The dollhouse


When I was 5 years old, my grandpa built me a dollhouse. Even as a little girl, I remember being amazed at the intricate bricks that formed the two-story-high walls and the individual shingles that topped the roof. The front side had a tiny front door which, if you pulled on the tiny handle, opened on tiny hinges. A staircase with a delicate railing connected the two floors, and each of the 5 rooms was painted a different color. I arranged the house with little furniture handmade by my grandpa, and filled it with anthropomorphic animal figurines called Sylvanian Families.

It’s impossible to count how many hours I spent playing with this dollhouse. It’s one of the main icons of my childhood.

But as the years went on, I became less and less interested in make believe. As is the case with many little girls, my focus turned first to horses, and then to boys – and before I knew it, I was off to college. I always hoped that one day, I would give the dollhouse to my own kids – but until then it sat untouched, usually under a sheet in one basement or another.

In the 13 years since I graduated high school, I’ve moved 18 times. This Saturday, I will move a 19th – this time to a place with very limited storage. This has made me reevaluate just about everything I own, and it’s led to the realization that it doesn’t make sense for me to hold onto the dollhouse. I can’t keep moving it from place to place and finding a spot to keep it, only to let it gather dust – so tonight, I decided to give it to some dear friends who have daughters.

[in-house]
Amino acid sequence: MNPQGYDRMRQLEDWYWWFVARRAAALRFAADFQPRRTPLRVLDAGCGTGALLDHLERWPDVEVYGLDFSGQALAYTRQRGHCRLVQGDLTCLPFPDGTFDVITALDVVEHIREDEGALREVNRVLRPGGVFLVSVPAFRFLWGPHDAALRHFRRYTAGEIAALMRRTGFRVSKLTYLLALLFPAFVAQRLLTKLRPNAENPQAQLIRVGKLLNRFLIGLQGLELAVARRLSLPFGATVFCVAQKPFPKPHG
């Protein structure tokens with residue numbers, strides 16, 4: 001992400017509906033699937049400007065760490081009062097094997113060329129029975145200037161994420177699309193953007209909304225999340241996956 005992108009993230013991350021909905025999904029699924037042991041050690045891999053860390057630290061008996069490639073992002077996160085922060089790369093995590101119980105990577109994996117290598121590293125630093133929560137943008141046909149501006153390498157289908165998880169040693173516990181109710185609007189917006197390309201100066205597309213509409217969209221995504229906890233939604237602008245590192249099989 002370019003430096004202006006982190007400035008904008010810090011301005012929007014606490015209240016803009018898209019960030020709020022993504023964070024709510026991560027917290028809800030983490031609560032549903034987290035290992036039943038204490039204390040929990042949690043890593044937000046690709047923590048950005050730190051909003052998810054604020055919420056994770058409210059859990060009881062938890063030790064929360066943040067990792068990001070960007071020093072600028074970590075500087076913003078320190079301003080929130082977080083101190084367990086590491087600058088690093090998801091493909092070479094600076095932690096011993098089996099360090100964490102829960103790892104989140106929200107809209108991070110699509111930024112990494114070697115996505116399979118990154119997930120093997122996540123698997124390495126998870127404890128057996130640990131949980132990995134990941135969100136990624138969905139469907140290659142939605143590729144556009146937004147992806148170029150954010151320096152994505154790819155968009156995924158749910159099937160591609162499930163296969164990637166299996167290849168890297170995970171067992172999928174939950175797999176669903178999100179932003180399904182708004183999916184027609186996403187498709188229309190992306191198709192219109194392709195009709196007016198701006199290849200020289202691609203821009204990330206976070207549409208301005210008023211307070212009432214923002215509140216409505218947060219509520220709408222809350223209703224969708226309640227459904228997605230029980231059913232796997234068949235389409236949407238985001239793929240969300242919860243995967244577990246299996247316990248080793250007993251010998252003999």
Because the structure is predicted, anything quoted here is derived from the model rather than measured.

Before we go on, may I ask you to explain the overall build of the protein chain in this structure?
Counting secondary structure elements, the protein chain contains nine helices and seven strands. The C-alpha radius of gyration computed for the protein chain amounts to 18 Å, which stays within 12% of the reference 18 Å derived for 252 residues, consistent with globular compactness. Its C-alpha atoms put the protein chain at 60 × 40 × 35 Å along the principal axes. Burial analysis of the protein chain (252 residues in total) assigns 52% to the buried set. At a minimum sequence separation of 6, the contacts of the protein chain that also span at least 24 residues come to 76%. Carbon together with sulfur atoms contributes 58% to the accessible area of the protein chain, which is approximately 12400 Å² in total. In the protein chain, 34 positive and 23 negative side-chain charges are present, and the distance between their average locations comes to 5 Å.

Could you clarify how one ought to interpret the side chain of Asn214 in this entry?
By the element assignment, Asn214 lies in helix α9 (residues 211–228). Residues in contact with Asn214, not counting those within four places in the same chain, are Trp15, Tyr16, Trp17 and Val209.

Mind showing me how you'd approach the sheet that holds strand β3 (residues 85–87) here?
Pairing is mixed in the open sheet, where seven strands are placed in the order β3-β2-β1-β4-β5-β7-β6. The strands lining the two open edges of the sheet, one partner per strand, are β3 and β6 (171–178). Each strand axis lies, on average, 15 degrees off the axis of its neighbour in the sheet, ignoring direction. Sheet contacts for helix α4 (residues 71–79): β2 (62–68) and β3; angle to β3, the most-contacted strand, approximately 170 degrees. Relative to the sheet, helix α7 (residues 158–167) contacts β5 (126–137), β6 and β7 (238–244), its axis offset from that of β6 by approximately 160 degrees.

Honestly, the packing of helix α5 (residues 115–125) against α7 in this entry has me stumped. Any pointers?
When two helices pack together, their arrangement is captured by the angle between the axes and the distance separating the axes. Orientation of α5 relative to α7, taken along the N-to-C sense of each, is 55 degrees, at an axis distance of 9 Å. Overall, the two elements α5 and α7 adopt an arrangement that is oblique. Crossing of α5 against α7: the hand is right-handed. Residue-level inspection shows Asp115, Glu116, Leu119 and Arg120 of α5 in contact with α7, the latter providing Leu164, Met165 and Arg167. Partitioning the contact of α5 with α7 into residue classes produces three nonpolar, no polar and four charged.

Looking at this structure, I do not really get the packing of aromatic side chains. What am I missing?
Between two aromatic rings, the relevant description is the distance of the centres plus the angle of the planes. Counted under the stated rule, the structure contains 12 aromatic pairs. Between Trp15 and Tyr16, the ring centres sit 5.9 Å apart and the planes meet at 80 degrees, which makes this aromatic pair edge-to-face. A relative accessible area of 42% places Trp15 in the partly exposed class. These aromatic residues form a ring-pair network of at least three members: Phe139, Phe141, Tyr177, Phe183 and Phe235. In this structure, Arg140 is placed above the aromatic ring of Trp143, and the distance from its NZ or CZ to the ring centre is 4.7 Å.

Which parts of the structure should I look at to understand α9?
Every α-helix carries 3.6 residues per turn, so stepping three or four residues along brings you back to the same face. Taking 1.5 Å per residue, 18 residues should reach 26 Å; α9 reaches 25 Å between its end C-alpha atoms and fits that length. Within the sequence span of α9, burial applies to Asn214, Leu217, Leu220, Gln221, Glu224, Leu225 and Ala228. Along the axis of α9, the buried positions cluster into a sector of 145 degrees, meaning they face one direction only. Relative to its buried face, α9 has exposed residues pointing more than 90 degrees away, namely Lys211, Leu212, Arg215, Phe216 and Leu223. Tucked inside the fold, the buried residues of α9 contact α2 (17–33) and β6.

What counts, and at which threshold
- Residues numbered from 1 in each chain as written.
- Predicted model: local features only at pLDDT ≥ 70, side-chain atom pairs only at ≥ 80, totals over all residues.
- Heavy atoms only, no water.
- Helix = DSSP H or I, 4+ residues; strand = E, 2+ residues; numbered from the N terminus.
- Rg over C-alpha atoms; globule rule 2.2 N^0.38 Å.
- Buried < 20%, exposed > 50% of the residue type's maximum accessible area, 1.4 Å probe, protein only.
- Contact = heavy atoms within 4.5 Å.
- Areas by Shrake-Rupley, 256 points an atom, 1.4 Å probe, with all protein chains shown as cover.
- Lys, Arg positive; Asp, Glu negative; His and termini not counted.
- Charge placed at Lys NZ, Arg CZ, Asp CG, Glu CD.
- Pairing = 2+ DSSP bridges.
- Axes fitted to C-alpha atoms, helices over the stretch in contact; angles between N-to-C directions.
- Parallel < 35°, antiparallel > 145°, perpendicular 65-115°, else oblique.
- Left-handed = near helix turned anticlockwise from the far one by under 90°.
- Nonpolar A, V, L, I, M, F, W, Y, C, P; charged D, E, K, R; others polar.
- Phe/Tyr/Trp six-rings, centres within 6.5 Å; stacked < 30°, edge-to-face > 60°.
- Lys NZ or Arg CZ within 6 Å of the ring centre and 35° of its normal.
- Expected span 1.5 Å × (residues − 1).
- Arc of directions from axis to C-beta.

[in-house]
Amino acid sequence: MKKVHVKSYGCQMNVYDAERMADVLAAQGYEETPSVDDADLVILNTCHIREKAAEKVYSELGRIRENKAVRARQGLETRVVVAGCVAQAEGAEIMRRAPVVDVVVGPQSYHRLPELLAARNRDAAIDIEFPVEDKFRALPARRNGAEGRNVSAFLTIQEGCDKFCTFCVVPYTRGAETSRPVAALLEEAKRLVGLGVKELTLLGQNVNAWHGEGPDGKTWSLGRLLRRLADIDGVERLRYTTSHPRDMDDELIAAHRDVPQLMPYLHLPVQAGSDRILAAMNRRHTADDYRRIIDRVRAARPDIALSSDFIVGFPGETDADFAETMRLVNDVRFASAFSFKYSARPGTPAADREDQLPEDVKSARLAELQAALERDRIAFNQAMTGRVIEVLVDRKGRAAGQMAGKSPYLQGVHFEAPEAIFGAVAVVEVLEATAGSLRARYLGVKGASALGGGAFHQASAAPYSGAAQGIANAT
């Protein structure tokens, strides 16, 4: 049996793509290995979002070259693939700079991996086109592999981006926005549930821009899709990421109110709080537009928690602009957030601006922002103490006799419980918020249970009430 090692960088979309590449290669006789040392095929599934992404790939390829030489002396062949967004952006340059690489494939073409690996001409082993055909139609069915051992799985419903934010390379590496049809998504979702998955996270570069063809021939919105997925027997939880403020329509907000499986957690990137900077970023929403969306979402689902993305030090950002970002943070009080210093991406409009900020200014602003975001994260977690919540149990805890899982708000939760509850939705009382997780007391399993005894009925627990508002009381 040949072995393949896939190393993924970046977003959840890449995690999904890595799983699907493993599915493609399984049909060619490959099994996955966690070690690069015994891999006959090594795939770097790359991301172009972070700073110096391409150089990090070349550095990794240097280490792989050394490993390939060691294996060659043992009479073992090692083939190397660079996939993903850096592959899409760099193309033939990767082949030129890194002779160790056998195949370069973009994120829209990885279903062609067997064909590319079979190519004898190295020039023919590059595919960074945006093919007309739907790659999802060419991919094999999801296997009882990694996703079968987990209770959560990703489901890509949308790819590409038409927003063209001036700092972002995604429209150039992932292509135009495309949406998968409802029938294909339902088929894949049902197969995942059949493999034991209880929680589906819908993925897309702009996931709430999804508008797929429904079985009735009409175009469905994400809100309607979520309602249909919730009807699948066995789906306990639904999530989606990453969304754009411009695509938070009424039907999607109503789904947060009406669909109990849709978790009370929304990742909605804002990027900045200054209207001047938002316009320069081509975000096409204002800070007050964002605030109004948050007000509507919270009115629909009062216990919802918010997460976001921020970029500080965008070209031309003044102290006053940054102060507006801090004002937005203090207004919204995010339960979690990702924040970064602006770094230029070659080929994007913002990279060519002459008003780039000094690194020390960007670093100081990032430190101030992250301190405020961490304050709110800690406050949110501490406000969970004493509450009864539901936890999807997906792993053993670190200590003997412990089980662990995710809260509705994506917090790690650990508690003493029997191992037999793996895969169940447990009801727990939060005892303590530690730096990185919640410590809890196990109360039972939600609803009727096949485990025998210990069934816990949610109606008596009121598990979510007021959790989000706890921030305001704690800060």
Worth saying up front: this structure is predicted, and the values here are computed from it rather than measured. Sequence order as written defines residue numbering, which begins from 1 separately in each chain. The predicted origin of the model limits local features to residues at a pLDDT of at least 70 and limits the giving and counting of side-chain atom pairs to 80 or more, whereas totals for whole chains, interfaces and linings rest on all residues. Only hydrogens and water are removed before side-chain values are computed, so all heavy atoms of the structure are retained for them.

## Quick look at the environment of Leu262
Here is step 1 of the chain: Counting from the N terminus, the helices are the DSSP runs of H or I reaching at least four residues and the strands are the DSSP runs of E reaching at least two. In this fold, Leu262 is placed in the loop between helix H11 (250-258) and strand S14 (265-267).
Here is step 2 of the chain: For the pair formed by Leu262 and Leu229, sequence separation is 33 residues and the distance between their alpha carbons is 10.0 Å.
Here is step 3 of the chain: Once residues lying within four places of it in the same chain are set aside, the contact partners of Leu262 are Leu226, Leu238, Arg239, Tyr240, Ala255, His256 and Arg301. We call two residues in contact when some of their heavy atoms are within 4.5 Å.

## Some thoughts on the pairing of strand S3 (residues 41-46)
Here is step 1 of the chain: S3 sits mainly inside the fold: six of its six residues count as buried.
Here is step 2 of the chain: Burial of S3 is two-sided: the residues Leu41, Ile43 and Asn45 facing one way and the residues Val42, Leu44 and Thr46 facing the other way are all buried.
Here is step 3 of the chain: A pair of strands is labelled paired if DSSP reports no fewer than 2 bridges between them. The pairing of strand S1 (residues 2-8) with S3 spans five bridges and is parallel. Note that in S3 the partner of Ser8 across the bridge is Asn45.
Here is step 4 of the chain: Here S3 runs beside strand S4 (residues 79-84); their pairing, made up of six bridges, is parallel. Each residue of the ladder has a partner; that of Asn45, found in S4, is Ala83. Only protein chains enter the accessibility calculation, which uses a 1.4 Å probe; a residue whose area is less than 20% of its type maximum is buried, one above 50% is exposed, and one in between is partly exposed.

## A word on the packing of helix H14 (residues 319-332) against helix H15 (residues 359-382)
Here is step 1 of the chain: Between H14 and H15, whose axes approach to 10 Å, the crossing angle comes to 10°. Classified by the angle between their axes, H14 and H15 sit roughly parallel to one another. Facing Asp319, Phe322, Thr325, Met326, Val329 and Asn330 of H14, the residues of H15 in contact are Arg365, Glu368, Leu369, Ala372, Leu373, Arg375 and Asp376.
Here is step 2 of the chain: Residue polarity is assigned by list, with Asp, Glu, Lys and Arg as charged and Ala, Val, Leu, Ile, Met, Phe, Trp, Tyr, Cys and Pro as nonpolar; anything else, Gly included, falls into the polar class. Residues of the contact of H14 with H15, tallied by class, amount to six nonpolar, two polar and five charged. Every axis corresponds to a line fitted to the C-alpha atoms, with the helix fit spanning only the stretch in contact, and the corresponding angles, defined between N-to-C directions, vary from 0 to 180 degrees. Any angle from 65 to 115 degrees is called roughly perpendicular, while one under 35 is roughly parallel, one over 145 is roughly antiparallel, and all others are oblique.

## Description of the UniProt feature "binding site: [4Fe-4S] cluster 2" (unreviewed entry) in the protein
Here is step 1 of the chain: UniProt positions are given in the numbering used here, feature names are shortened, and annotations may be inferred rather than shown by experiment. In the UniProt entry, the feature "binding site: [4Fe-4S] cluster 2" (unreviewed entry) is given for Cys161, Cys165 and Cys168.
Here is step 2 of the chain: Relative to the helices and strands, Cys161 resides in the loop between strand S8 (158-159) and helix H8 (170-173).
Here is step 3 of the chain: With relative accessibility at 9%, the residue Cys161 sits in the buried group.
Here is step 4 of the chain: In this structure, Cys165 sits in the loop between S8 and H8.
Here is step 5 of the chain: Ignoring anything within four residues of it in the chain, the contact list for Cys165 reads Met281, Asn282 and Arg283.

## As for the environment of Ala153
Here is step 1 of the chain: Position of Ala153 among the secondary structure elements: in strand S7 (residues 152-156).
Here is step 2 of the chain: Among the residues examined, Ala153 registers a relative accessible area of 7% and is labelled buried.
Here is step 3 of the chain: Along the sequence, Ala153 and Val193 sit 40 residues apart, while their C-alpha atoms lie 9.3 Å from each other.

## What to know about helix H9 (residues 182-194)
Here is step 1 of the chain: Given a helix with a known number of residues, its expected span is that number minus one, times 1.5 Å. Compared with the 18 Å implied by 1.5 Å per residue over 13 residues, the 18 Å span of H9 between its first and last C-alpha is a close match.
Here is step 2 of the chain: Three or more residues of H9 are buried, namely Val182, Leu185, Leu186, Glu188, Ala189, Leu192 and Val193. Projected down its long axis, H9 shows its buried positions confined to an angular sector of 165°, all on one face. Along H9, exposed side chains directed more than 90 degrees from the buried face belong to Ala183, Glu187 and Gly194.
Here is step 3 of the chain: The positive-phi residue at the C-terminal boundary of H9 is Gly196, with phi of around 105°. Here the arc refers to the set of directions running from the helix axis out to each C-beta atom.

Despite my hope to give it to children of my own one day, it was time to let it go – because it’s okay if there’s a gap between the life you thought you’d be living and the life that you actually have.

And when you find the courage to release your grip on the thing you thought was so important, you might just find that the bitter is overpowered by the sweet.



  1. shannon on April 25, 2013 at 7:14 AM

    oh annie, i love this, so much.

    “And when you find the courage to release your grip on the thing you thought was so important, you might just find that the bitter is overpowered by the sweet.”

    gah, so good.

  2. bethany tab on April 25, 2013 at 3:01 PM

    my disjointed thoughts on this: I’m sorry you had to let this go. I feel the ouch. You did the right thing. Your grandpa’s handiwork gets to be celebrated again. Make believe magic is probably happening in that house right now. I’m sorry again. Being a grown-up is the worst sometimes.

  3. tarrah on April 25, 2013 at 3:41 PM

    the “gap” line is my favorite. beautiful!

  4. Emily Croston on April 25, 2013 at 7:08 PM

    I always wanted a dollhouse like yours, but I never got one. Sorry you had to give yours up! :(

  5. Debbie Barnett on April 25, 2013 at 8:55 PM

    Sometimes it doesn’t matter who “begat”the next generation… as long as someone is passing something onto them… traditions can be adopted… just like children. :)

  6. Sarah Kate on April 28, 2013 at 9:25 PM

    My Sylvanian families are in Ava’s closet. Perfectly preserved (Grandpa’s glasses and all) and ready for her to play. Of COURSE you had them, too. We are kindred spirits in that way. I, however, didn’t have the ultra cool handmade doll house to go with. I had the house from Sylvania but would have preferred the other. I’m glad yours is seeing new life.

  7. Ashwin on April 28, 2013 at 9:41 PM

    Annie, I must admit, I had not read your blog in quite some time. It was only your email about buying your first home that motivated me to wander over here.

    This post reminded me how talented, intelligent and funny you are. My friend Annie is a living legend.

  8. Ginger on April 29, 2013 at 2:00 PM

    Lovely and brave.

  9. hootenannie » Blog Archive » Shotgun on April 29, 2013 at 7:11 PM

    […] The dollhouse […]

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